Dividend payout ratio

The ratio of dividends to earnings; the percentage of earnings that are paid out to owners in the form of dividends.

Dividends per share

The ratio of dividends paid to the number of shares of stock outstanding.

Dividend valuation model (DVM)

A model that relates the price of a share of stock to expected next period dividends, the expected growth rate of future dividends, and the required rate of return.

Du Pont system

A method of decomposing return ratios into components, the mosts common use of which is to break return ratios in the profit margin and turnover components.


Earnings per share (EPS)

The net income of a company, divided by the number of shares outstanding.

Earnings surprise

The deviation of actual earnings from expected earnings; actual earnings per share less expected or forecasted earnings per share.

Economic life

The estimate of the length of time that an asset will provide benefits to a firm. Also referred to as the useful life.

Economic profit

The difference between revenues and costs, where costs include the opportunity cost of invested funds and normal profits.

Economic value added, EVA

Another name for economic profit; EVA is a trademarked designation of Stern Stewart for the concept of economic profit.

Effective annual rate, EAR

An annualized rate that considers compound interest; also known as the effective annual rate of interest and the effective rate of interest.

Efficient frontier

The set of possible portfolios that dominate other portfolios in terms of risk and return.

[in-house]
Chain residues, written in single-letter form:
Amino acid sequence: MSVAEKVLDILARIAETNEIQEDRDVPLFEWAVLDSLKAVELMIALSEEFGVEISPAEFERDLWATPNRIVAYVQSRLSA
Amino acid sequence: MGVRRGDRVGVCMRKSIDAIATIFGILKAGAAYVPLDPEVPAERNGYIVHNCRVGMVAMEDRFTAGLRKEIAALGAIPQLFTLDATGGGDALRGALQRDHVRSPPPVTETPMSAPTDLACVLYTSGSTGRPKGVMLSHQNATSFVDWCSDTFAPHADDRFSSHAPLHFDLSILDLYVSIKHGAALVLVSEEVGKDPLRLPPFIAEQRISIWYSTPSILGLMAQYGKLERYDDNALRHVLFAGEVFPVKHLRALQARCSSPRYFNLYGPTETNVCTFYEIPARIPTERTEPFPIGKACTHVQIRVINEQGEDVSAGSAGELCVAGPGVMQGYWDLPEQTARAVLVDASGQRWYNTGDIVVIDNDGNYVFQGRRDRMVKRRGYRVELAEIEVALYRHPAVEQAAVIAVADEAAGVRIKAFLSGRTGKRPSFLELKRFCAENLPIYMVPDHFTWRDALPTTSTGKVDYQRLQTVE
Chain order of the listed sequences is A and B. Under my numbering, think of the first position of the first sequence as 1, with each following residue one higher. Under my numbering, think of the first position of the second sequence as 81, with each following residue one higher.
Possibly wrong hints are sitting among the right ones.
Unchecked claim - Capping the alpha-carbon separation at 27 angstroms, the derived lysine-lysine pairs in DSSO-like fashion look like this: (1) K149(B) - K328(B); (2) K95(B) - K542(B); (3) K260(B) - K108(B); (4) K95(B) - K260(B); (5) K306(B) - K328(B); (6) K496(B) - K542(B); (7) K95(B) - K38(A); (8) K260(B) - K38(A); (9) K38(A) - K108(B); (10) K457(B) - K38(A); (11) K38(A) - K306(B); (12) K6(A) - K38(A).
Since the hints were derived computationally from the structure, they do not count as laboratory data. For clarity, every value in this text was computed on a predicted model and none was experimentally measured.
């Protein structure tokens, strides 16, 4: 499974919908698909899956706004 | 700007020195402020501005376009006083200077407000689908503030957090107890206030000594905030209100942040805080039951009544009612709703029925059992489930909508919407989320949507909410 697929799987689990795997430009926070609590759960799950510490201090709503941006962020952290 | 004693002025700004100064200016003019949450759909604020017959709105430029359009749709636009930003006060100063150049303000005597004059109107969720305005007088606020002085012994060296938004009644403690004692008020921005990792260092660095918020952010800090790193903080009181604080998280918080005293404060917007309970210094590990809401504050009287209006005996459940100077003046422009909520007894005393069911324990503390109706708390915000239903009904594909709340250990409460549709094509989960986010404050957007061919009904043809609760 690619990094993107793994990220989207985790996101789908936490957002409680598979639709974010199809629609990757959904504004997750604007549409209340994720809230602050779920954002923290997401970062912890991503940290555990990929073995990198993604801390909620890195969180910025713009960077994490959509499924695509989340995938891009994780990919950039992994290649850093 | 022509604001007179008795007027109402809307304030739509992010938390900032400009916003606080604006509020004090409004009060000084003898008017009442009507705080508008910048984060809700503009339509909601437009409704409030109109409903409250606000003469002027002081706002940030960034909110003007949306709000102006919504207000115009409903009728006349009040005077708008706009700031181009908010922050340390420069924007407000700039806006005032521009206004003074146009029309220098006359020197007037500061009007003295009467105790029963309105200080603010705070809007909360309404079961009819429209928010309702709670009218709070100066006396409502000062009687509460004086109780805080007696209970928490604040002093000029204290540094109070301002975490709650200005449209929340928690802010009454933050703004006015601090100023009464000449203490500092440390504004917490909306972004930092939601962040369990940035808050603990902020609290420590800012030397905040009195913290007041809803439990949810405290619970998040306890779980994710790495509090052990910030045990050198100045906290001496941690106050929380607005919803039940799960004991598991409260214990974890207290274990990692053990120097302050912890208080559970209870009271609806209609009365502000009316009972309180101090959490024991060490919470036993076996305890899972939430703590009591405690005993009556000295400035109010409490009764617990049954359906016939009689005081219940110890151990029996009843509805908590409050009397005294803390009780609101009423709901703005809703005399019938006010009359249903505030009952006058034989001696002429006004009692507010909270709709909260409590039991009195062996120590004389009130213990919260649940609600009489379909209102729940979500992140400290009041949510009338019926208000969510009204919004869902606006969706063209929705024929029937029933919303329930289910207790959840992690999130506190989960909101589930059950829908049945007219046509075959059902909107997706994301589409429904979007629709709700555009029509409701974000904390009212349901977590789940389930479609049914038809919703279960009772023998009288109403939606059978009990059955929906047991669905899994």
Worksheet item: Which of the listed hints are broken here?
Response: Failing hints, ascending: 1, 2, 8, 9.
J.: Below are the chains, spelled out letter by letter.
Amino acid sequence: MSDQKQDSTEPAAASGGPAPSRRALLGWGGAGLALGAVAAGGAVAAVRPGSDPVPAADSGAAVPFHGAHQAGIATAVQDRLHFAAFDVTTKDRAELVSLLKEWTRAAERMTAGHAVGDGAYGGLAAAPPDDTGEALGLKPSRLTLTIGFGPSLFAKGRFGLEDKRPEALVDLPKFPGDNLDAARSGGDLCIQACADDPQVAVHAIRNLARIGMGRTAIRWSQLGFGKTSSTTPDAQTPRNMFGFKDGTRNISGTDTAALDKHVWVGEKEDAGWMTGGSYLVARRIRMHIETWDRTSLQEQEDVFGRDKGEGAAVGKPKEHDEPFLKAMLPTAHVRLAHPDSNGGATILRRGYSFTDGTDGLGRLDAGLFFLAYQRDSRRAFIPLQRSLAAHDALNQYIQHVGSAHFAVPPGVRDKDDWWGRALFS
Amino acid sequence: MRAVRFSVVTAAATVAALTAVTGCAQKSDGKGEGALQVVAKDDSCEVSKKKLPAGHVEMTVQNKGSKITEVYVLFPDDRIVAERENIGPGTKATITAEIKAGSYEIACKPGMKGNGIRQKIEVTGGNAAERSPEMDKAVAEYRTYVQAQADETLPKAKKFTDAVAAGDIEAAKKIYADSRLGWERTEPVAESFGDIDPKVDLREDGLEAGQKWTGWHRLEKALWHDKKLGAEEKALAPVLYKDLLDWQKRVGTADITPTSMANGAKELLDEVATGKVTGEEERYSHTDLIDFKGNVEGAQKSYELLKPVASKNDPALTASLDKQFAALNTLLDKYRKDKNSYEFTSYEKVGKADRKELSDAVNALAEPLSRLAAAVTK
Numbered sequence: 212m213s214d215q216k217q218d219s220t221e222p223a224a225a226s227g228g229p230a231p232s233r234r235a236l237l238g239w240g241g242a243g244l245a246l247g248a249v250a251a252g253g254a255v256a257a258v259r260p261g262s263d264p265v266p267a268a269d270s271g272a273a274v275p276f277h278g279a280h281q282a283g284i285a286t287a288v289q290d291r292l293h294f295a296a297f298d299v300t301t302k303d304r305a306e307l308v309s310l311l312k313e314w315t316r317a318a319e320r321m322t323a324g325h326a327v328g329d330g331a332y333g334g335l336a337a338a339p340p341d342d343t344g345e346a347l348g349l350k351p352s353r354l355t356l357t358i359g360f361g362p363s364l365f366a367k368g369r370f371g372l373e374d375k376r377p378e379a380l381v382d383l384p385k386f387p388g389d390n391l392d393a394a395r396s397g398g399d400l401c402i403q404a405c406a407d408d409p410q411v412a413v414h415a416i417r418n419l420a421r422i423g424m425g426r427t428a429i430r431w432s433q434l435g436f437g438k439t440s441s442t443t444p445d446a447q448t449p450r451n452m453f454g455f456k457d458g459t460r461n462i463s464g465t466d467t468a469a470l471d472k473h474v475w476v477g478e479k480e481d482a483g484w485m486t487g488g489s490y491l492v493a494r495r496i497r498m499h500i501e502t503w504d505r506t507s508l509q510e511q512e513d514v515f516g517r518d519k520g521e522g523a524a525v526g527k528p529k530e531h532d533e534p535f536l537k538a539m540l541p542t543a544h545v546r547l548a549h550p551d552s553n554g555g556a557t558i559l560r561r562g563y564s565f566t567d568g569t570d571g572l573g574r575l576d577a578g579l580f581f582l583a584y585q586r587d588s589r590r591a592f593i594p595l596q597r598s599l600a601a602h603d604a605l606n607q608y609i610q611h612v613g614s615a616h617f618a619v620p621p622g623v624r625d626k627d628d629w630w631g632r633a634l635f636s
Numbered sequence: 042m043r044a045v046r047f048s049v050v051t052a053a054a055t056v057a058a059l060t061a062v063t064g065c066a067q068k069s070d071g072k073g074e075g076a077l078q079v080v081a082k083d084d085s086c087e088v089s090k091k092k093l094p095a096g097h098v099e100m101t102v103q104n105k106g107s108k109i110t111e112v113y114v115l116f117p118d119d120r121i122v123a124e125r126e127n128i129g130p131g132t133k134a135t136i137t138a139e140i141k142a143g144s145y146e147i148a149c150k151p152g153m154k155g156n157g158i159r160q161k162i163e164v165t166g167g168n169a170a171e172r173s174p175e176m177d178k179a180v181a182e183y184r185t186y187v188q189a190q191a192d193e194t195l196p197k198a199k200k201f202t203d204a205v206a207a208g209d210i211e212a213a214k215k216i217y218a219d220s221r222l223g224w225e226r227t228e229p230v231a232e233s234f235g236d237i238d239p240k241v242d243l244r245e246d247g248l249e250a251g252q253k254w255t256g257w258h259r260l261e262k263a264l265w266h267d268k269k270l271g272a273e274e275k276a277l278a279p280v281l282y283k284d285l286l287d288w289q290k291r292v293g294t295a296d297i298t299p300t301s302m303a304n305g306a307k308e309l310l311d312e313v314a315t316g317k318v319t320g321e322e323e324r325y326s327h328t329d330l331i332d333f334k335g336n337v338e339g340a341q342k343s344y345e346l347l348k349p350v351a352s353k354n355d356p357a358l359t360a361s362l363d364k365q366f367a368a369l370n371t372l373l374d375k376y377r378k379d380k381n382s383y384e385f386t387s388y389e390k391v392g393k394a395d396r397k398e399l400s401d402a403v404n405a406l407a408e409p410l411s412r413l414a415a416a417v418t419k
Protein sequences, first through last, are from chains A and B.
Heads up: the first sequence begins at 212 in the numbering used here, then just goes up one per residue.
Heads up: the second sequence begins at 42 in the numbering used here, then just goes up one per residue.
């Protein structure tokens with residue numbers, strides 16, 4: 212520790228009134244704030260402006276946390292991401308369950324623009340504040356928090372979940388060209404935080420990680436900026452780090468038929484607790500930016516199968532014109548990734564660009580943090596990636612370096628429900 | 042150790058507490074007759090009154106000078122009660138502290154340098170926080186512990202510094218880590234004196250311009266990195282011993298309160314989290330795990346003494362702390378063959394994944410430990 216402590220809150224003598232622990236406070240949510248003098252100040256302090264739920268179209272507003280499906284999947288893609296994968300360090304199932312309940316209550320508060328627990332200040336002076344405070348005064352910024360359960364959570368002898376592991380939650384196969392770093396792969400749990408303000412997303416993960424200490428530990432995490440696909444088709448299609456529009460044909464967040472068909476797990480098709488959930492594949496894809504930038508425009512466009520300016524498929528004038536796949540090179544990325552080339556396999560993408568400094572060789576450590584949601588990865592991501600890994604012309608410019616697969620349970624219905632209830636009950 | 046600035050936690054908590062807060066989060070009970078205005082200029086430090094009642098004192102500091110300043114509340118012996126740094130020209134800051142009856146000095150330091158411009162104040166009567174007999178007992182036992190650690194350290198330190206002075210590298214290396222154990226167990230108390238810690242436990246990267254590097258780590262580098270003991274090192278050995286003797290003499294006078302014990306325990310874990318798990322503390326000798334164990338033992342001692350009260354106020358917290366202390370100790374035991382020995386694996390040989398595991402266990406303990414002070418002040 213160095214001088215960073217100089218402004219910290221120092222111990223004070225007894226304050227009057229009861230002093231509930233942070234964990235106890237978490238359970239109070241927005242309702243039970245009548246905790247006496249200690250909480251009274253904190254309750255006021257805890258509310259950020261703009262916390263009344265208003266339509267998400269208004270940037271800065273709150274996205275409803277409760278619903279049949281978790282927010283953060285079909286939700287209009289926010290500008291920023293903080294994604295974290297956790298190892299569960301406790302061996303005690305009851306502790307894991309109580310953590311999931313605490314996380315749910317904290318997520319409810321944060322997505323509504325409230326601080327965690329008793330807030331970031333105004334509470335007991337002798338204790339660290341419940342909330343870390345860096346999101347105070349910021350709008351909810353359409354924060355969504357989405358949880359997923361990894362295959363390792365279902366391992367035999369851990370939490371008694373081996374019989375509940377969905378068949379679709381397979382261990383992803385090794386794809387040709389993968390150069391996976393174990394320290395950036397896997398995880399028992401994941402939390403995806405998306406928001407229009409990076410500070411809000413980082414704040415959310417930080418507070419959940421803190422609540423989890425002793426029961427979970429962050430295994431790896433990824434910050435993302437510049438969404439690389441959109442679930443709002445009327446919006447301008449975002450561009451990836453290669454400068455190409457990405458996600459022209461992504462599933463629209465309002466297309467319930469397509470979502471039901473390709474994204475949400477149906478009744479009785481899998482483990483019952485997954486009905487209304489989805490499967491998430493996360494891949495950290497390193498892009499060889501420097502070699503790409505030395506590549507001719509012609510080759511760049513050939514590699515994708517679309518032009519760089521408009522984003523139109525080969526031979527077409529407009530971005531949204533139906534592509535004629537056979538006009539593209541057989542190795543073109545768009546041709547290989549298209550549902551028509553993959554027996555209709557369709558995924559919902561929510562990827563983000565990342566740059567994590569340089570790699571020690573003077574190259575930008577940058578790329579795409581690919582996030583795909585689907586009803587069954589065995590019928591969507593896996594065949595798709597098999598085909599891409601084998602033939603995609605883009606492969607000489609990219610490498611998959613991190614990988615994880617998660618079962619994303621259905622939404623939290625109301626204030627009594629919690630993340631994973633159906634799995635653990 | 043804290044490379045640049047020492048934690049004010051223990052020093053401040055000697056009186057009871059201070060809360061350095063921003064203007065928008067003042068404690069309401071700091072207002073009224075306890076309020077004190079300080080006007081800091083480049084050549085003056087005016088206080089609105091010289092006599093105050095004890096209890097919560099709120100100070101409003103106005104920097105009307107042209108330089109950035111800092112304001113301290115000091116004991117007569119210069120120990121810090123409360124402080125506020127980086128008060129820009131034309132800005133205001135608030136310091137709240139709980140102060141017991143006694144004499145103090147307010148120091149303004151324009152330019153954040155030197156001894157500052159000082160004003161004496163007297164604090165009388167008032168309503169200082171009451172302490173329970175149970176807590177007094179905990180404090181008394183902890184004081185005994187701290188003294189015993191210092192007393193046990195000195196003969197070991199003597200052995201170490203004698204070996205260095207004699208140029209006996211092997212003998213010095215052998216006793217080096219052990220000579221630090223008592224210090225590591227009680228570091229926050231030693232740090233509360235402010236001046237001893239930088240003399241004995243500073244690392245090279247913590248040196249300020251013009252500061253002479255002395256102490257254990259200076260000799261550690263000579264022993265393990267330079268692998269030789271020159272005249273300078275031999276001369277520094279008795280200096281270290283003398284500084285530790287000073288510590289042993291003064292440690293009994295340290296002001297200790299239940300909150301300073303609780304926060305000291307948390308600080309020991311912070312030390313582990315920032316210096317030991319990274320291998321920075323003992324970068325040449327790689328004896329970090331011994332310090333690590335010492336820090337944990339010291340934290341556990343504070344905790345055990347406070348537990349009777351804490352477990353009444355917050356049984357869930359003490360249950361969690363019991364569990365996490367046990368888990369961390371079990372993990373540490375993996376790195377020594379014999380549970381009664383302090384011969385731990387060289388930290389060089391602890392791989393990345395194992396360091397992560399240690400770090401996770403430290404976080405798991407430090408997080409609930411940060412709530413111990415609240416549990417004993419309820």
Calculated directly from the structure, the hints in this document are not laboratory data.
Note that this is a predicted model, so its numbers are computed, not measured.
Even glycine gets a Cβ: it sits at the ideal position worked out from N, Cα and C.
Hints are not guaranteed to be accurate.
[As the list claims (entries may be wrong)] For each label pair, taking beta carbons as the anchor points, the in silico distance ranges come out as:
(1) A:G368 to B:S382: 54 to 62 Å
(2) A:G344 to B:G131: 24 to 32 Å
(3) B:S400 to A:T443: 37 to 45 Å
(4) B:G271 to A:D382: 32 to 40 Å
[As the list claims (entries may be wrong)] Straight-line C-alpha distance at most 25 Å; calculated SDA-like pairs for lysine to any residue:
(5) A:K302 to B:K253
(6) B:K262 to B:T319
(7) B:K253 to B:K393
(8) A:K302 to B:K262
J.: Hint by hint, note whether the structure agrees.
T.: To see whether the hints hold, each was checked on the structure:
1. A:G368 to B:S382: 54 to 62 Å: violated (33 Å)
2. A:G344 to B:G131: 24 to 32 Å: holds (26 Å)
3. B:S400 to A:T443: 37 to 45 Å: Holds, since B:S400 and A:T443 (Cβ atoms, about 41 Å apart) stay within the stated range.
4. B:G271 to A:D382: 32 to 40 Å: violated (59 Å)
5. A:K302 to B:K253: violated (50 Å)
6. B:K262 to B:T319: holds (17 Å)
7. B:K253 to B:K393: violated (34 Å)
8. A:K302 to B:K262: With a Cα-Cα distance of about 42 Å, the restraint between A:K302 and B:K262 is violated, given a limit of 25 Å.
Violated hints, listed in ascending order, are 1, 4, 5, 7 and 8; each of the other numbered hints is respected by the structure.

Efficient market

A market in which information is reflected rapidly into asset prices.

Estate planning

The process by which clients ensure that the maximum portion of their estate will be left to their heirs and beneficiaries.

Expected return

The anticipated return; regarding a probability distribution, the weighted average of the possible outcomes, with the weights being the probabilities.


Effects of an action by one party on another party not directly involved in the action.


Fiduciary duty

The responsibility to act in another's best interest.

Fiduciary relation

A relation that is founded on the trust or confidence of one party in the fidelity or integrity of another party.

Financial analysis

The evaluation of the financial condition and operating performance of a business enterprise.

Financial distress

The situation in which a business enterprise is having difficulty satisfying immediate and near-term obligations, which may result in non-optimal financing and investment decisions in an attempt to meet these obligations.

Financial leverage

The use of debt to finance a business which, because of the fixed financing expenses associated with debt, results in a "leveraging" or accentuating effect on the returns to owners; also referred to as gearing.